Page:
A lot of people have wish lists at this time of year, but when it comes to organ donation, too many continue to wait.
B.C. Transplant’s annual Operation Popcorn is taking place on Vancouver Island this week, with organ recipients visiting hospitals to deliver caramel corn to health care staff in operating rooms, intensive care units and emergency rooms.
The initiative is meant to thank hospital staff for their work supporting organ donation, and bring awareness to B.C. Transplant’s efforts.
Delivering popcorn at Nanaimo Regional General Hospital on Monday were transplant recipients Cindy Bachman, of Nanoose Bay, and Deborah Graves, of Nanaimo. Bachman received a kidney transplant, while Graves received two liver transplants.
Bachman, a masters soccer player who has played in international events, told health care workers about her sporting pursuits, which she said would never have been possible without the donated organ she received.
“You’re just slowly deteriorating on dialysis and you’re not able to live your life because you’re tied to a machine,” she told the News Bulletin. “The transplant just makes such a difference to people’s lives. Not only does it improve your health, it just allows you to live your life.”
Bachman received her kidney from a live donor, her sister-in-law, but before that, she had a potential organ donation fall through five days before a scheduled operation.
“So as devastating as that was, what it shows people is they will not proceed if there’s any danger to the donor. So I think that’s a really important part,” she said.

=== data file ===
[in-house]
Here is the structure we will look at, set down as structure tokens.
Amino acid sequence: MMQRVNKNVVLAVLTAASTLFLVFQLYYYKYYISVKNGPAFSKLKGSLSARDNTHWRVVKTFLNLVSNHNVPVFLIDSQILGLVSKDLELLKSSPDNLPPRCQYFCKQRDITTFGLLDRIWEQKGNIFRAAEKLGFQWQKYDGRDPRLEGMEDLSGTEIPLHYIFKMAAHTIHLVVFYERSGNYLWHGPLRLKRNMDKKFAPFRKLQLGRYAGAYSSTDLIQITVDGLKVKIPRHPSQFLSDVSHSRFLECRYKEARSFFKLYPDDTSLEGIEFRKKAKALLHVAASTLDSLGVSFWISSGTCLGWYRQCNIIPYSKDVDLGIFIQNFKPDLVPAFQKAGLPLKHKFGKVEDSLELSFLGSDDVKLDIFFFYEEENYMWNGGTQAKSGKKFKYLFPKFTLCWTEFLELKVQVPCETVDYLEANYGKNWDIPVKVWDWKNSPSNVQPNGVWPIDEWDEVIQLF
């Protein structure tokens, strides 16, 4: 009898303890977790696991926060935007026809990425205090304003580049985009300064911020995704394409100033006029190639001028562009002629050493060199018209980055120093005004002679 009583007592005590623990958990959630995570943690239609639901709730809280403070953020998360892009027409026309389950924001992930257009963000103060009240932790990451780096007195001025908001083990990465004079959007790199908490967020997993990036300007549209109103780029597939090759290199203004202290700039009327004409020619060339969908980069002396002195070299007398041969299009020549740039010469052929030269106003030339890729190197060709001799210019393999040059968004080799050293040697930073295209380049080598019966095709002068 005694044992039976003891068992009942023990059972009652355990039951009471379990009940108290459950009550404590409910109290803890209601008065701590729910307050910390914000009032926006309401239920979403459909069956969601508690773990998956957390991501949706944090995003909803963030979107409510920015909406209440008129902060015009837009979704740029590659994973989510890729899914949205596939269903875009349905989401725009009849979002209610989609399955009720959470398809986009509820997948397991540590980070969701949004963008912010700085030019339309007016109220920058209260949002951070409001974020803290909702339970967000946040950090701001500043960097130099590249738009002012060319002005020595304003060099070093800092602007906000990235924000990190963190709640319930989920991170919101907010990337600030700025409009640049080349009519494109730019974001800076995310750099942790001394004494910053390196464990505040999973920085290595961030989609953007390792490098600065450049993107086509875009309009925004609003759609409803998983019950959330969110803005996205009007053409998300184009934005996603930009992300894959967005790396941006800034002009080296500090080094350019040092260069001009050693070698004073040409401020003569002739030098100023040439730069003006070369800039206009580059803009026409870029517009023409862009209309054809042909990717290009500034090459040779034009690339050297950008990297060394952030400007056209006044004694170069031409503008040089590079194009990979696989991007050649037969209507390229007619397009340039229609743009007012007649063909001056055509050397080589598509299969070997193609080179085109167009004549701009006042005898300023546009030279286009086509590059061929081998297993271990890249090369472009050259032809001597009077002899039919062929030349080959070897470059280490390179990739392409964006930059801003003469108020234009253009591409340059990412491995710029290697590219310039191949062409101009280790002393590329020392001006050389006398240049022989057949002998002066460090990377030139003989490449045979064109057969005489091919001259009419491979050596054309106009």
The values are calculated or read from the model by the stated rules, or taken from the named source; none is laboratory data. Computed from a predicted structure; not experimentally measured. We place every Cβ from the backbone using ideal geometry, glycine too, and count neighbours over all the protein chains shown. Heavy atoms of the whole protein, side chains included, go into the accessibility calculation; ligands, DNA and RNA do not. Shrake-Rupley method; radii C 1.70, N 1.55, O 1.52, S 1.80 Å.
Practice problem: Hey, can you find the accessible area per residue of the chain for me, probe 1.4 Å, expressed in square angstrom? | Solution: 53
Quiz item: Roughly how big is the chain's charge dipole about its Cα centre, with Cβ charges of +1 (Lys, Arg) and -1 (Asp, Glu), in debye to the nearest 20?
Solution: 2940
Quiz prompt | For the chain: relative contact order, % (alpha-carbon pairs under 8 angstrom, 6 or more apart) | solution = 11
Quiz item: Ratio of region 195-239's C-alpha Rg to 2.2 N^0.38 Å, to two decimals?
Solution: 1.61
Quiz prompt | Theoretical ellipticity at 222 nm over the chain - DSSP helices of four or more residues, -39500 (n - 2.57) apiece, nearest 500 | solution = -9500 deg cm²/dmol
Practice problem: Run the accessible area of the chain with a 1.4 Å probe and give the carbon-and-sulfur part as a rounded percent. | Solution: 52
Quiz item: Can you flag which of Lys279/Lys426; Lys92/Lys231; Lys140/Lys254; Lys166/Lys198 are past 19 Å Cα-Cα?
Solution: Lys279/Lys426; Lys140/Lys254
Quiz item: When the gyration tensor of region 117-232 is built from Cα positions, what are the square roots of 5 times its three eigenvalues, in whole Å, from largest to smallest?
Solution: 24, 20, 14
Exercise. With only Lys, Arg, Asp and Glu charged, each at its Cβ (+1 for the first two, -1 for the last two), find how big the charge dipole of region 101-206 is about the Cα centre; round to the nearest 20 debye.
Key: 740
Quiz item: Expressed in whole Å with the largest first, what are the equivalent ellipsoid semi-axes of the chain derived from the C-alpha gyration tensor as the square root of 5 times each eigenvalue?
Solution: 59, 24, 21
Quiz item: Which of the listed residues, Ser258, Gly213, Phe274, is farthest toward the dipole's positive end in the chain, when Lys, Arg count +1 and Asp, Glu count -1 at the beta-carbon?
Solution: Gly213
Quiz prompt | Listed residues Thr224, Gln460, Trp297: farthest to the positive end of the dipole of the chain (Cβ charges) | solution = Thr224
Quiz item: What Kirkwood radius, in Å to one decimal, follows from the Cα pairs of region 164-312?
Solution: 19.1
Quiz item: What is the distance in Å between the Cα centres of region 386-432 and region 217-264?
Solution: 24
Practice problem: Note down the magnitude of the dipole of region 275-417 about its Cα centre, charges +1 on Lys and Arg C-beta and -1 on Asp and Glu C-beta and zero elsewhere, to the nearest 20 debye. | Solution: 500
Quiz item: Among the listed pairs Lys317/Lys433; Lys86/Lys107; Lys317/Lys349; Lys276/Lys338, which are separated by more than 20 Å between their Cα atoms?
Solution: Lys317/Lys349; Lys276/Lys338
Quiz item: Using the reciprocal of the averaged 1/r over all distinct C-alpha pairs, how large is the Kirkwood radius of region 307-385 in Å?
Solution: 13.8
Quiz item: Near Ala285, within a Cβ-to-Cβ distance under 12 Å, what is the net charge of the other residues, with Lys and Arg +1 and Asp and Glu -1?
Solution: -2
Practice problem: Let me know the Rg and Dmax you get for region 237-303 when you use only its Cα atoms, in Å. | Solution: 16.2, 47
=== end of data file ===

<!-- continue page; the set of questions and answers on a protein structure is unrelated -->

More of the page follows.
Graves’s liver disease, due to a parasite she encountered while she was travelling abroad, caused her to be sick for more than a decade and she had to wait for six years before receiving a liver. Her body rejected the transplanted organ and her liver started shutting down before she received a second liver that would save her life.
“It’s an amazing gift,” Graves said. “You don’t know just how valuable life is until you are in jeopardy.”
She said while some people might find it a gruesome idea to part with their organs after they die, she hopes more people won’t hesitate to donate.
“You’re not going to use them,” she said. “And there’s more chance, statistically, that you will be a donor recipient than them actually harvesting from you. Think about how many people have transplants.”
While Operation Popcorn was about thanking hospital workers, there are a lot of thank yous still to be expressed, because there are a lot of transplants that still need to be made.
“If I can help out in any way, just to [bring] awareness or just to give thanks, I want to be able to do that. That is such a little thing to be able to do,” Graves said.
For more information, visit http://www.transplant.bc.ca/.